The mini-gallery below will give you an idea of what the Shape Shifter can hold, and how it does so.

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Canon Outside: An example Canon configuration, showing the gear sitting on top of the neoprene pocket it fits into (Photo by Rob Galbraith/Little Guy Media)
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Nikon Outside: An example Nikon configuration, showing the gear sitting on top of the neoprene pocket it fits into (Photo by Rob Galbraith/Little Guy Media)
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Nikon Inside: The Nikon gear from the previous photo, placed inside the Shape Shifter's five neoprene pockets (Photo by Rob Galbraith/Little Guy Media)
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Sleeve Outside: A 17 inch MacBook Pro partially inside an Artificial Intelligence 17 sleeve partially inside the Shape Shifter's laptop section (Photo by Rob Galbraith/Little Guy Media)
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Sleeve Inside: A 17 inch MacBook Pro inside an Artificial Intelligence 17 sleeve inside the ShapeShifter's laptop section (Photo by Rob Galbraith/Little Guy Media)
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Double Up: The zipper at left provides access to the expansion compartment, while the zipper at right handles expansion and contraction (Photo by Rob Galbraith/Little Guy Media)
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Accessorize: Accessory pockets within the expansion compartment, opposite the neoprene pockets (Photo by Rob Galbraith/Little Guy Media)
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Kangaroo: Portable flash units, power adapters and other accessories fit comfortably in the outer two zippered pockets (Photo by Rob Galbraith/Little Guy Media)
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At the Back: The Shape Shifter includes a shoulder/lumbar padding layout meant to encourage airflow, a shoulder harness with D-rings and small stretch pockets, adjustable sternum strap, removable waist belt, top handle and business card window (Photo by Rob Galbraith/Little Guy Media)

Compressed, the Shape Shifter is sleek and comfortable (a minor quibble we have with the stiffness of the prototype unit's shoulder padding has already been corrected in the final design, says Murdoch). When expanded, and fully loaded, the Shape Shifter can start to look overstuffed, but remains comfortable and manageable, even when the included waist belt isn't used. Both site co-editor Mike Sturk (not to be confused with the bag's designer, Mike Sturm) and I have worn the Shape Shifter for several hours at a time without any problem.

Other features of the Shape Shifter include:
  • The Think Tank Photo Pro Speed Belt can be carried inside the expansion compartment, wiggled down the middle of the neoprene pockets. Once at the assignment it can then be attached to the Shape Shifter, under the lumbar pad (which is secured with a hook and loop flap).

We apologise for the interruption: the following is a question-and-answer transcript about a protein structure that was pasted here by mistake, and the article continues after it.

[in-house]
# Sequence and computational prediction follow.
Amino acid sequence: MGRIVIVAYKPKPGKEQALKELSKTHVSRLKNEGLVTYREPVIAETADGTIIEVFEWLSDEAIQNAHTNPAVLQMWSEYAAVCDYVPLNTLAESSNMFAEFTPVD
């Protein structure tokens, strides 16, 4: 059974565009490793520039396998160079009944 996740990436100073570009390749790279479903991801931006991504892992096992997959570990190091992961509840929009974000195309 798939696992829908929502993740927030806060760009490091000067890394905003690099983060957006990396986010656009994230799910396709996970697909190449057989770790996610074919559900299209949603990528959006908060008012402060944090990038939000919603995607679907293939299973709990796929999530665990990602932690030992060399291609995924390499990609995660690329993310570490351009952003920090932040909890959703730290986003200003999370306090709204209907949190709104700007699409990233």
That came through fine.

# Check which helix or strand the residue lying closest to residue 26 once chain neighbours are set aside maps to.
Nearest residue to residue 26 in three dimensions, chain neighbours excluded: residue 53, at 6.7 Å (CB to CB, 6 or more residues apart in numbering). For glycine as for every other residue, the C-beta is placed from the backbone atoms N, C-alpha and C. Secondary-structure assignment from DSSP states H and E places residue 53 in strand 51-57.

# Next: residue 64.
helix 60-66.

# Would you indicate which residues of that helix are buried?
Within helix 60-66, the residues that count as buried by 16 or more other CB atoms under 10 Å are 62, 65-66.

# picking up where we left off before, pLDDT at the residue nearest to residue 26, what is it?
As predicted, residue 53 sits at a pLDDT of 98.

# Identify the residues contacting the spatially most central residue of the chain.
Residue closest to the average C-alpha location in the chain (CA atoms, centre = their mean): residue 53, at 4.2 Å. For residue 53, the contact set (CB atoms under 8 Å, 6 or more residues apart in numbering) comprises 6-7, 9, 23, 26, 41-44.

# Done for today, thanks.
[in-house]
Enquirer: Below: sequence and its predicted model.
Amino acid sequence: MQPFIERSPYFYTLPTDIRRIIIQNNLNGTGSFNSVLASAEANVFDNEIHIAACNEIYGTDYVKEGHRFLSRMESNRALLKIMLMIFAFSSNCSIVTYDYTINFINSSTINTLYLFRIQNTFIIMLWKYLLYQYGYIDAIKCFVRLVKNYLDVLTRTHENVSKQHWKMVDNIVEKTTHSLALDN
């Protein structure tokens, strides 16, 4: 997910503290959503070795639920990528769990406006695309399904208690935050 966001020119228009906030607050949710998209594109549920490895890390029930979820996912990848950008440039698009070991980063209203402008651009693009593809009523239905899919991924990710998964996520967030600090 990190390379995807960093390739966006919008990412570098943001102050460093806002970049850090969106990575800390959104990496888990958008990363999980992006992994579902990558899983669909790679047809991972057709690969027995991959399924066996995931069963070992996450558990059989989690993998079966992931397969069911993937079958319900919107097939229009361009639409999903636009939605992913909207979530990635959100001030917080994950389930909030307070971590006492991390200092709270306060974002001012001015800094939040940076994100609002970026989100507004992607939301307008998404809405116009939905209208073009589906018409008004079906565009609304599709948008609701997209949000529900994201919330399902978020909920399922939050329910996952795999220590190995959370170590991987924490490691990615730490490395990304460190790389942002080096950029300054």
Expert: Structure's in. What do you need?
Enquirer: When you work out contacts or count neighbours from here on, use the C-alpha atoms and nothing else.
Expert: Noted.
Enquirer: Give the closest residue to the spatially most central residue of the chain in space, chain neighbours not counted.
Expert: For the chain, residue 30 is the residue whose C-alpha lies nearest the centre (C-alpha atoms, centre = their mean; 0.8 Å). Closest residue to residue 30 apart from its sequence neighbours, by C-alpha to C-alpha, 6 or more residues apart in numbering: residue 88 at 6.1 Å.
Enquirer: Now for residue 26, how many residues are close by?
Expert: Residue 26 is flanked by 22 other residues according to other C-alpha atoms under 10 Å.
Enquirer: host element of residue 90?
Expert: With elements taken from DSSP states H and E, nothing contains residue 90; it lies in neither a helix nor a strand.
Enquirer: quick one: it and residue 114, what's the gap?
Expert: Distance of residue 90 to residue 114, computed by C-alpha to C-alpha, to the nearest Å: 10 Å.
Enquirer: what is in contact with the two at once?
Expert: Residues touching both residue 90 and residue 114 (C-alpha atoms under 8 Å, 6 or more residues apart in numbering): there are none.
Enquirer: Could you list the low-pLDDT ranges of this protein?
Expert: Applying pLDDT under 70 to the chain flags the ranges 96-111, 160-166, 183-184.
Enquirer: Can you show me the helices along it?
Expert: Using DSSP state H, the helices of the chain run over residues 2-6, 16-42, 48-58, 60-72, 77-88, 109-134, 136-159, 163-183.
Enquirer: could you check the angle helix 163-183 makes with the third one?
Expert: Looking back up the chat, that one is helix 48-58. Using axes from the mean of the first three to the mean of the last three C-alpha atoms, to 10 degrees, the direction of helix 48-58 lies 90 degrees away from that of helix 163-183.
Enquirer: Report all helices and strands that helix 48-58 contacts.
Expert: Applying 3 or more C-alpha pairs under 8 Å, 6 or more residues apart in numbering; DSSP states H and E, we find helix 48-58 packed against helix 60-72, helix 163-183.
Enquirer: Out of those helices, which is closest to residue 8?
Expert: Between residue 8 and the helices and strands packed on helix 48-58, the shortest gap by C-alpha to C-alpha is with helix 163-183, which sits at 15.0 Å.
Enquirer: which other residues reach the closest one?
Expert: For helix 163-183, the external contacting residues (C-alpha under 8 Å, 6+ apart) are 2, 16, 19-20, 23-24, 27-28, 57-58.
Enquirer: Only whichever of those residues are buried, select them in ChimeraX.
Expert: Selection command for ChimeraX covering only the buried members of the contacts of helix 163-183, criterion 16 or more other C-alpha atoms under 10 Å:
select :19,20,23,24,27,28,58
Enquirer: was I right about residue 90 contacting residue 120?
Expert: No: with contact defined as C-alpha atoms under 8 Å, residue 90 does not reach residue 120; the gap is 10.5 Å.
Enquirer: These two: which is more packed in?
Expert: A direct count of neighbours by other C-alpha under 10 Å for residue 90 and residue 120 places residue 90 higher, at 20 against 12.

• Most camera bodies and lenses that will fit inside the Shape Shifter's neoprene pockets on their own can also be put into a Think Tank Photo Skin pouch first and then slid into a Shape Shifter pocket.

  • The Shape Shifter comes with a removable, basic, weight-supporting waist belt.

  • Included removable straps can be used to secure a monopod or tripod to the front, with the base of the monopod, or one or two legs of the tripod, placed inside the lower of the two outer zippered compartments. This arrangement works, but gets clunky quickly with anything other than small camera supports.

  • The shoulder and lumbar padding is cut to encourage airflow and discourage a sweaty back.

  • The shoulder harness includes two small stretch pockets, D-rings (for attaching Think Tank Photo Camera Support Straps, if desired) and a sternum strap that can be adjusted up and down (but not removed).

  • A rain cover is included.
Conclusion

Like most of Think Tank Photo's more innovative products, the Shape Shifter is geared towards a specific category of shooter, in this case the photojournalist or other photographer who makes a living shooting, editing and transmitting pictures on location. If you fall into this category, the expanding/contracting Shape Shifter is a clever, well-executed backpack that will be well worth a look when it ships in December 2008. The Shape Shifter has a manufacturer's suggested list price of US$249 in the U.S.

(You can sign up to a notification list if you wish to be alerted when the Shape Shifter is available.)

In the last several months, Think Tank Photo has also released refined versions of their Airport International and Airport Security rollers, a new Airport AirStream roller, the Skin pouch line and belt, Belly Dancer pouch holder, Urban Disguise 35, Hydrophobia 300-600 raincover, Lock It Up bag lock and Security Tag.